Identify Patient-Specific Risk Factors

Predisposing vs. Precipitating Risk Factors

Patient-specific risk factors can be classified as:

  • “Predisposing” risk factors: factors about the patient or environment that might predispose someone to develop dementia
  • “Precipitating” risk factors: factors/acute diagnoses that might lead to delirium, acronym, ‘DELIRIUM’

Predisposing Factors

It is important to identify patients at high risk for delirium in the ED and initiate preventive strategies when indicated.

For patients with predisposing risk factors, several nonpharmacologic interventions can be implemented early to help prevent delirium. For example, providing glasses or hearing aids to patients with sensory impairment, allowing extended hours for family at bedside, trying to expedite admission or discharge.

  • Advanced age (>80)
  • Male
  • Dementia
  • ADL impairment
  • Sensory impairment1
    • Vision impairment
    • Hearing impairment
  • High medical comorbidity
  • Severity of physical illness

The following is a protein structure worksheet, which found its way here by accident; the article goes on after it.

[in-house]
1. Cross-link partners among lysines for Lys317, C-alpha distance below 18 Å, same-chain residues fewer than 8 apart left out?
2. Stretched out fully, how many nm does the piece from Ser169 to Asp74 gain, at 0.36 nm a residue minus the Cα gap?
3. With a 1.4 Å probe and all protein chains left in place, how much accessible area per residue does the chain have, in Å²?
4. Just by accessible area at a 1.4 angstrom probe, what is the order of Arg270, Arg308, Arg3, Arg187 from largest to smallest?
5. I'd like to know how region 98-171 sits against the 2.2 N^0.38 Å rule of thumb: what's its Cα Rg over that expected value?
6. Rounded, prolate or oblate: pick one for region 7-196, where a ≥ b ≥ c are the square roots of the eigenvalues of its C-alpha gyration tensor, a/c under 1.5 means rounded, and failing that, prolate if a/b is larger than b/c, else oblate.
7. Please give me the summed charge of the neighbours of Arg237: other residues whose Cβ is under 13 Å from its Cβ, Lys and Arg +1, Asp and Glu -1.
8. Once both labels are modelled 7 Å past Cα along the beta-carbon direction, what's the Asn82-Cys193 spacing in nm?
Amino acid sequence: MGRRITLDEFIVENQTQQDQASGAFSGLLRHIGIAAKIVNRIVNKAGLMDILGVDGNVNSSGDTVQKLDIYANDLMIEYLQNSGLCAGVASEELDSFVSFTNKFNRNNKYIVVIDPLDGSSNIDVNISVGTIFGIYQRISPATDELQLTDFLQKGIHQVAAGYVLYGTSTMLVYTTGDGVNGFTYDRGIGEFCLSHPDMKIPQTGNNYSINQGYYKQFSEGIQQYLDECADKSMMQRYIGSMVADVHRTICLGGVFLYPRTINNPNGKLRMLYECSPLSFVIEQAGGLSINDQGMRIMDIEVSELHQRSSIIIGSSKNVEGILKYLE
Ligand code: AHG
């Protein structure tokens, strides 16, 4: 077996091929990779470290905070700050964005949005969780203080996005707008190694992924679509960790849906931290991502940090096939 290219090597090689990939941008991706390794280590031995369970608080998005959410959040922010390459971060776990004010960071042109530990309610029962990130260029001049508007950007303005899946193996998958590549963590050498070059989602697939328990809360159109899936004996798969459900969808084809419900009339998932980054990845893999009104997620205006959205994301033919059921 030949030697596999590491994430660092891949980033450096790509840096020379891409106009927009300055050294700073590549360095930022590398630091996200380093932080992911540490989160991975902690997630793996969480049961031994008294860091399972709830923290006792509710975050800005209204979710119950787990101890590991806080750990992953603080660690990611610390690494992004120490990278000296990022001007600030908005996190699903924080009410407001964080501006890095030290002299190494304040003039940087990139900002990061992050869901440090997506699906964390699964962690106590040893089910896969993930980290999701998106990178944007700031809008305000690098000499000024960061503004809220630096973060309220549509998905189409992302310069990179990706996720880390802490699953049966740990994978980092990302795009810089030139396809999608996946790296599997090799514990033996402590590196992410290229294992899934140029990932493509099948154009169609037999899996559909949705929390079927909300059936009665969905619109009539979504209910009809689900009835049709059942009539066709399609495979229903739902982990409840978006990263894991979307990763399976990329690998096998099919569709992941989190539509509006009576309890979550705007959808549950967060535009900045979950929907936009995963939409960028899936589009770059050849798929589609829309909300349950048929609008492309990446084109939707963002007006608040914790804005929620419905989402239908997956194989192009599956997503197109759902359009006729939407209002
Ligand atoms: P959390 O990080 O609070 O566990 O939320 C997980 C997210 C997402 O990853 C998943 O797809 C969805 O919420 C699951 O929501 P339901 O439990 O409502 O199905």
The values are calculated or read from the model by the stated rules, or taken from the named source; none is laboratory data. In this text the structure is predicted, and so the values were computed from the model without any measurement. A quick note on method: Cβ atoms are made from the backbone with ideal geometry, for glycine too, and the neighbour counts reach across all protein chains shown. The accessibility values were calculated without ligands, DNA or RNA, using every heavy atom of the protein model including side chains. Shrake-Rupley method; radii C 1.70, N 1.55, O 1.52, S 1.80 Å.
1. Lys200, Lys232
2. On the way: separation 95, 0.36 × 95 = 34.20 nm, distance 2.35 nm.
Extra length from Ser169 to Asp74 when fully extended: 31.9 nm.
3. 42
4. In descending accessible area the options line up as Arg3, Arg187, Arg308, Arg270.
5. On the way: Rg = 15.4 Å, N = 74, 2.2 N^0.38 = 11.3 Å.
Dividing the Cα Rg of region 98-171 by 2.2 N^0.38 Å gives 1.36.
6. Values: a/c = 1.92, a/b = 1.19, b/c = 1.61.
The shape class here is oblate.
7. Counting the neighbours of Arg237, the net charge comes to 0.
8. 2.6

• Urinary catheterization
    • Polypharmacy1
    • Low albumin
  • Prolonged ED/hospital stay1

Precipitating Factors


Drugs, dehydration, deprivation (sleep)
Electrolyte abnormalities (Na, Ca)
Lack of drugs (withdrawal)
Infection, ingestion
Reduced sensory input
Intracranial problems, increased pain
Urinary retention
Metabolic problems, malnutrition

Drug levels: digoxin, lithium, acetaminophen, salicylate

Medications are the most common remediable cause of delirium.

Most common meds that lead to delirium are those with psychoactive effects: sedatives-hypnotics, narcotics, meds with anticholinergic effects.

Delirium Provoking Drugs

  • Anticholinergic medications
    • Tricyclic antidepressants (TCAs)
    • Antispasmodics
    • Typical antipsychotics
    • Skeletal muscle relaxants
    • Promethazine
    • Olanzapine
    • Paroxetine
    • Antihistamines
  • Sedative-hypnotic medications
    • Benzodiazepines
    • Zolpidem
  • Meperidine
  • H2-receptor antagonists
  • Steroids


Differential for delirium is broad. Need to consider metabolic derangements, infection, acute neurologic or cardiac event, urinary retention, severe constipation, etc.

1potentially modifiable predisposing risk factors


Ahmed S, et al. Age Ageing. 2014;43(3):326–333.

Aslaner MA, Boz M, Celik A, et al. Etiologies and delirium rates of elderly ED patients with acutely altered mental status: a multicenter prospective study. Am J Emerg Med. 2017;35(1):71–76

Elie M, et al. J Gen Intern Med. 1998;13(3):204–212.

Inouye SK. Clin Geriatr Med. 1998;14(4):745–764.

Naeije G, Pepersack T. Delirium in elderly people. Lancet. 2014;383(9934):2044–2045


ADL, activities of daily living

ED, emergency department